Palestinian Family loses property ownership case in Israeli court
Israel’s Supreme Court ruled on Monday that a prominent Palestinian family could not claim ownership of a landmark and now derelict building in East Jerusalem.
The Husseini family said the Shepherd Hotel, now partially demolished, is a symbol of the Palestinian rights to their land and to East Jerusalem, and strongly criticized the court ruling.
The Shepherd Hotel was built in the 1930s and served as the home of Jerusalem grand mufti Haj Amin Husseini.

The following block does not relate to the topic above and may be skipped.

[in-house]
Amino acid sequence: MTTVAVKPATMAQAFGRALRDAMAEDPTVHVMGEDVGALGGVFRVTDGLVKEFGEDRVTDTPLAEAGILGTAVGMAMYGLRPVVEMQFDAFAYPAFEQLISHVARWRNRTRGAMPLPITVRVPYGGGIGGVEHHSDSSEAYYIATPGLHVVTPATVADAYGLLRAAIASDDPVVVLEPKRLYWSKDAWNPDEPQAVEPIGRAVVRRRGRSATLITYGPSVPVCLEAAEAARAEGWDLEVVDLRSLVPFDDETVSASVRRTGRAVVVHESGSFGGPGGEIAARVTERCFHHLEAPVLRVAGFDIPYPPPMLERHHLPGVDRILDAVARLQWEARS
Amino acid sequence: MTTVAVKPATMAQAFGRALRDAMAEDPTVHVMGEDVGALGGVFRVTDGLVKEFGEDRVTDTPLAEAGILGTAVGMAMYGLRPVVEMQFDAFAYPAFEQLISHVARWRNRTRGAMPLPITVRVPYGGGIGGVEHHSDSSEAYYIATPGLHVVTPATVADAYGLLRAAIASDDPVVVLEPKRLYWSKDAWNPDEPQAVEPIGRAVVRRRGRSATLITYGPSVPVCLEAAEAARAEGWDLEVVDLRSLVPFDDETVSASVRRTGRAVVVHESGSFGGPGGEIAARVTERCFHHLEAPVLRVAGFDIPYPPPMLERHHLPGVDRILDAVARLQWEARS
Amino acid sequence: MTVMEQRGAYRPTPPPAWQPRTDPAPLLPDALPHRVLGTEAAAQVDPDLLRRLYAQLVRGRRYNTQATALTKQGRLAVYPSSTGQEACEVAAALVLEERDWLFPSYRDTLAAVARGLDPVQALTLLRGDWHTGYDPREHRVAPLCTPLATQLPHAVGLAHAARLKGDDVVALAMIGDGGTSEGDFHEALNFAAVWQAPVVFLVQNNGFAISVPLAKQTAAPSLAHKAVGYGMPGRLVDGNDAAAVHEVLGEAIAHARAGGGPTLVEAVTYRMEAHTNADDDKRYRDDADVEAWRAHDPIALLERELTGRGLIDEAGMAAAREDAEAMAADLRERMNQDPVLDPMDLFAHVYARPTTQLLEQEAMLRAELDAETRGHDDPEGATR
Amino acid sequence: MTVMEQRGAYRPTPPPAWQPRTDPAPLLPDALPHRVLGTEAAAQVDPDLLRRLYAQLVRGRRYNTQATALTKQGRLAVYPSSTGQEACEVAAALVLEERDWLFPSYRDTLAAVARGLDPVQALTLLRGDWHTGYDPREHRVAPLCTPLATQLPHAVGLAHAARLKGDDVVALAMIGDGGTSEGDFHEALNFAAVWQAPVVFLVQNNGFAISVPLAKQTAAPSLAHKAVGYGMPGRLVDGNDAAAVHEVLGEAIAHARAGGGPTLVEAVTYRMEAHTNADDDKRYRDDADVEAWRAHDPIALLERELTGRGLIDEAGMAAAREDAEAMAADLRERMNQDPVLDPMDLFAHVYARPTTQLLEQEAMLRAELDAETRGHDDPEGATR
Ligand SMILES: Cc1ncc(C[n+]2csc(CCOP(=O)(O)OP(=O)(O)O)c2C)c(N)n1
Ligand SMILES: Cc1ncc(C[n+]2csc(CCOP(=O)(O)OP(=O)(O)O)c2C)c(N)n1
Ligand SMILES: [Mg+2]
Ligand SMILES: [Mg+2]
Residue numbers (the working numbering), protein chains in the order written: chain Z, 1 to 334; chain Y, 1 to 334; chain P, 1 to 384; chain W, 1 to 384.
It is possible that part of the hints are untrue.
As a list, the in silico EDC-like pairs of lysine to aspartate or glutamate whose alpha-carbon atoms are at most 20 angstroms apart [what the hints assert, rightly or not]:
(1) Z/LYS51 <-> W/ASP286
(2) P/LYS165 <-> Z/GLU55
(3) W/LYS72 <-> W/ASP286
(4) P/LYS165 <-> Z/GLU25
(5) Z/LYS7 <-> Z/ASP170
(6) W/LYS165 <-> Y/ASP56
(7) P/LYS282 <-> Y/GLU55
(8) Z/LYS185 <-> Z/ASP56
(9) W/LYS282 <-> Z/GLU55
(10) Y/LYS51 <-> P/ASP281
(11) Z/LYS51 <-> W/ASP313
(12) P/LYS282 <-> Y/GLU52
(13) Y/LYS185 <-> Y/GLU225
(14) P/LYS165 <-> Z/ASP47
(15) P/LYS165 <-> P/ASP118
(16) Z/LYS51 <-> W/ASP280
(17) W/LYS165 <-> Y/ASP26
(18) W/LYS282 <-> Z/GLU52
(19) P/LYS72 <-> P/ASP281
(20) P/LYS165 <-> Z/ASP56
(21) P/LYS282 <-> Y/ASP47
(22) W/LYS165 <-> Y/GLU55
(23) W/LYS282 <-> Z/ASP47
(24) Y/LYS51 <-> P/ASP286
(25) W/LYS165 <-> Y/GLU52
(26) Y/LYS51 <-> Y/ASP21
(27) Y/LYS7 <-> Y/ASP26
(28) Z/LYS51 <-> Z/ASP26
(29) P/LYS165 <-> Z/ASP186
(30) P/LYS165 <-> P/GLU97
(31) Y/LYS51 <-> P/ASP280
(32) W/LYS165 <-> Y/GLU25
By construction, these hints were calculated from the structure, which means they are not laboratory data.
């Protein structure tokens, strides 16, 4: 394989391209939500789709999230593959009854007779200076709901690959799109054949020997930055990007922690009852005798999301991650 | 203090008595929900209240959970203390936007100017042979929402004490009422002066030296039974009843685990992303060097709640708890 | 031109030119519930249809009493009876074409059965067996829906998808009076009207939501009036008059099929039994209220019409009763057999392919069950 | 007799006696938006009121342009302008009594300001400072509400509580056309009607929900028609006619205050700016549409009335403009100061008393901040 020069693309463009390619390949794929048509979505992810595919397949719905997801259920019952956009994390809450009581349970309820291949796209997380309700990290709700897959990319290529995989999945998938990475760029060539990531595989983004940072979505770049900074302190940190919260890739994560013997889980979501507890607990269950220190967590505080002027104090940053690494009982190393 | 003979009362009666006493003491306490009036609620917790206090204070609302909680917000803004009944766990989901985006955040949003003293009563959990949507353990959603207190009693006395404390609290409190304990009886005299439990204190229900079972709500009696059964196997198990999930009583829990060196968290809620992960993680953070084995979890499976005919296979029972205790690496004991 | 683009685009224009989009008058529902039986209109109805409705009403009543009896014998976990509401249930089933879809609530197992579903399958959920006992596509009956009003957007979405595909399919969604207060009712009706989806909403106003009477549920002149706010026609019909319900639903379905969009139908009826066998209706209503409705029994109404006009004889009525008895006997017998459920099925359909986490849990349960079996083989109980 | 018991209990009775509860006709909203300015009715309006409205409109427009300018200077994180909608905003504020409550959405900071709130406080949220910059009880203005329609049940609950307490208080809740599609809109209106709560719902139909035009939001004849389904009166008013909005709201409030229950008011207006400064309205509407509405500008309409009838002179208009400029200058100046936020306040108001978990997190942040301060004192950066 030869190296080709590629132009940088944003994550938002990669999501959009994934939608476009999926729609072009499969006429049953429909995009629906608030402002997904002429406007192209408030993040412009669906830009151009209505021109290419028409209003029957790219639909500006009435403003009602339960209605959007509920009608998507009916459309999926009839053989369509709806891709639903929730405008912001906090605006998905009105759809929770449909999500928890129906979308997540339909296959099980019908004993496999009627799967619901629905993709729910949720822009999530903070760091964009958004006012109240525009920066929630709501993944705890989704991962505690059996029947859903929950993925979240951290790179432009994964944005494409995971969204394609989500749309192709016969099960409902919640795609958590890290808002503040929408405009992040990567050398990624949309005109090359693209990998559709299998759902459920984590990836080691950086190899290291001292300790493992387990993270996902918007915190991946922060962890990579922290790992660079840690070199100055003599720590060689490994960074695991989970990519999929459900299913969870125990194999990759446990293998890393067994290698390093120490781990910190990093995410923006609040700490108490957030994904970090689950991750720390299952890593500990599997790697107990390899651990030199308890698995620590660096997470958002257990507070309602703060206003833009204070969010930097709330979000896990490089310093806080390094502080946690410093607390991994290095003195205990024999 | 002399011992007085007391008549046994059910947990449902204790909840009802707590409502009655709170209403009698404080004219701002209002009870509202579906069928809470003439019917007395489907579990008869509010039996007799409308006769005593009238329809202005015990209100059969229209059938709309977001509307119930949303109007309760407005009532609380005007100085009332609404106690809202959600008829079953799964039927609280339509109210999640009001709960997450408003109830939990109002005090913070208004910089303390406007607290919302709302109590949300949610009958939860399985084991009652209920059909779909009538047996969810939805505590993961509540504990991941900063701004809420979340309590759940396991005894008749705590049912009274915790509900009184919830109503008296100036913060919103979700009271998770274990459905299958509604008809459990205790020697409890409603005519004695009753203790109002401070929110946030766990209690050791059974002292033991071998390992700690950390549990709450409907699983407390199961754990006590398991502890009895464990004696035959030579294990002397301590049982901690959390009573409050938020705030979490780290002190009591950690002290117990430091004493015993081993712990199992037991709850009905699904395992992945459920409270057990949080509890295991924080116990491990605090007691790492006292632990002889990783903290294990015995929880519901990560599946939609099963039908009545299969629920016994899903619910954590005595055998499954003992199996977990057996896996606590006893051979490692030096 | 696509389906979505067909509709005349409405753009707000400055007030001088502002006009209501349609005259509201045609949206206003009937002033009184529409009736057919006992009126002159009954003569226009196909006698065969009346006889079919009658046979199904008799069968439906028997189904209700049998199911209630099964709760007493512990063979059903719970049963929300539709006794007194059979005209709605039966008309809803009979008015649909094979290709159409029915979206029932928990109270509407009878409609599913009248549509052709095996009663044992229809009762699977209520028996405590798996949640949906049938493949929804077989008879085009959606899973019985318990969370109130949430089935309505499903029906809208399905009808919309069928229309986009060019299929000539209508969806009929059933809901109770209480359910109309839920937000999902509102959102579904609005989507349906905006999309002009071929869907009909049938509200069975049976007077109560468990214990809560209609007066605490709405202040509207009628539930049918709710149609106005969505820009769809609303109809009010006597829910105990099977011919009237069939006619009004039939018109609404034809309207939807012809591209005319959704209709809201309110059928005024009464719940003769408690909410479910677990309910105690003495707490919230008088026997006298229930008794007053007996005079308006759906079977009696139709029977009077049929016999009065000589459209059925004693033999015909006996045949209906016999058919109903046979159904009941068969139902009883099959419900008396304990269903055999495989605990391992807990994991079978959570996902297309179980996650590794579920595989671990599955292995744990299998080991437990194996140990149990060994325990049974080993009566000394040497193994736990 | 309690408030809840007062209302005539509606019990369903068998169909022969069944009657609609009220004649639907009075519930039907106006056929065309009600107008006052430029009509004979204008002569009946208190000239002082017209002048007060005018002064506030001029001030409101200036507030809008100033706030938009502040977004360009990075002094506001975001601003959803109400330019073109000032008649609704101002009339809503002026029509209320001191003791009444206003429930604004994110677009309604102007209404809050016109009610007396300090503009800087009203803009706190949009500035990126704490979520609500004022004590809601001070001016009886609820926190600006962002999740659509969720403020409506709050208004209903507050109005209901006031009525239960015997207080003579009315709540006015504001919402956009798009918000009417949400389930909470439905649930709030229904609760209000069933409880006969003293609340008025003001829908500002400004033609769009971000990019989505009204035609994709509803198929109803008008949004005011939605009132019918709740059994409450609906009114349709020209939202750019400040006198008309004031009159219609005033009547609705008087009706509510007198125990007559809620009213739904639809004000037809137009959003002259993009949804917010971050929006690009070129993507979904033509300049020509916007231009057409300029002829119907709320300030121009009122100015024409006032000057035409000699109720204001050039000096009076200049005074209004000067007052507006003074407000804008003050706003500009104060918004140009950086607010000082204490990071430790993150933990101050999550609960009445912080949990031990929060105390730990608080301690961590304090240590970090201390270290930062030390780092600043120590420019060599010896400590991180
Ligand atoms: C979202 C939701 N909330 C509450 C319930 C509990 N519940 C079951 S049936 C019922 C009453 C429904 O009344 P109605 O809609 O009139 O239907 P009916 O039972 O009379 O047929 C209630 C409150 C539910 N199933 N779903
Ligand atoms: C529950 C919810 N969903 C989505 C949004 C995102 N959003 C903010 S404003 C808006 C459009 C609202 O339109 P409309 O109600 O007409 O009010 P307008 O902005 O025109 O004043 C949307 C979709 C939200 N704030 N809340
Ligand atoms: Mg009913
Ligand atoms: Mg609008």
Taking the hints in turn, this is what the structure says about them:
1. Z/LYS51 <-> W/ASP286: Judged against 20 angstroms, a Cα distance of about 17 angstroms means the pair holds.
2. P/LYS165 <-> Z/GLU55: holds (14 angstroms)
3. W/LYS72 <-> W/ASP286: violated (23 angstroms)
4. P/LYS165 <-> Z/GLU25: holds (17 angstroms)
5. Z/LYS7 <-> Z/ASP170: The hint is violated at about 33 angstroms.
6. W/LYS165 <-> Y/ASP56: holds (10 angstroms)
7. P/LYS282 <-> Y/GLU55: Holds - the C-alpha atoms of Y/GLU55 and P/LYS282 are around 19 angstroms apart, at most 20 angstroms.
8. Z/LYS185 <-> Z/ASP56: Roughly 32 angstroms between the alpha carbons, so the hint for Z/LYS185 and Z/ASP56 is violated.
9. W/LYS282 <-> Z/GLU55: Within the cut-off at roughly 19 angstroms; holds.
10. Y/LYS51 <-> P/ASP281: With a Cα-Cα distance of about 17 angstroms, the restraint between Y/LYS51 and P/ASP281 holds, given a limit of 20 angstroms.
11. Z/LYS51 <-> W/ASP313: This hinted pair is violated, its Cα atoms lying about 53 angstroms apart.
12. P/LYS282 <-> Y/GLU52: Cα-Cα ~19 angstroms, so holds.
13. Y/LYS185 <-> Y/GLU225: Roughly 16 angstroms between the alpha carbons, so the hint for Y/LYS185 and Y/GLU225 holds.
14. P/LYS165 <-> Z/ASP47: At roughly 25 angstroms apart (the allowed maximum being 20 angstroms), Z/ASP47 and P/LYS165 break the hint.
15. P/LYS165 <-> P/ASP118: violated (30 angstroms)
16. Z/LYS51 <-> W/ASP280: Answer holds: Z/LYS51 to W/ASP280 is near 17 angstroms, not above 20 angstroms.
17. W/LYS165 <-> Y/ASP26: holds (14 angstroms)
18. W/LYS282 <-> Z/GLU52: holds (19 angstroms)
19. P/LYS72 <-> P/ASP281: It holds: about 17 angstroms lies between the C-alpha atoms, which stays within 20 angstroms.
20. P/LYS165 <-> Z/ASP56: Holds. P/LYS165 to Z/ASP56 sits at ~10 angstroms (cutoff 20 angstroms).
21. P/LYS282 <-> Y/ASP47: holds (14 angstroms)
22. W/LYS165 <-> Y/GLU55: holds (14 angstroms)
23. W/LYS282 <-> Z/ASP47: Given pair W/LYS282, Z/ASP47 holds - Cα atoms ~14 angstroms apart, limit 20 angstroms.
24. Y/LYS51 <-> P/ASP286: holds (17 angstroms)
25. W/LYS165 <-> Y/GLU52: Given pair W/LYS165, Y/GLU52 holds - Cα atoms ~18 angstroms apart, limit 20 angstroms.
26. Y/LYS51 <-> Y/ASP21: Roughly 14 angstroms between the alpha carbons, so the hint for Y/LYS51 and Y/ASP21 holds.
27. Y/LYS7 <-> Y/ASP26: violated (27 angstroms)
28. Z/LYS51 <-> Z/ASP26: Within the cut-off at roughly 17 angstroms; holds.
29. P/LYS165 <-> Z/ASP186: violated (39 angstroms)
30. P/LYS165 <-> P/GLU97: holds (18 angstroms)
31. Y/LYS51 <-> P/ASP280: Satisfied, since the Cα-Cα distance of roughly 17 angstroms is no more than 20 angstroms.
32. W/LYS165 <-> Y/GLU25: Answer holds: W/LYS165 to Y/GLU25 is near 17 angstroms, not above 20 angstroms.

It was declared “absentee property” by Israel after it was captured and annexed to East Jerusalem in 1967. The title was transferred to an Israeli firm, which sold it in 1985 to Irving Moskowitz, a Florida businessman and patron of Jewish settlers.
The “absentee property” law has been enforced by Israel since 1948 which allowed the Israeli authorities to confiscate land and property of Palestinians who were prohibited to return to their land and property after 1948.
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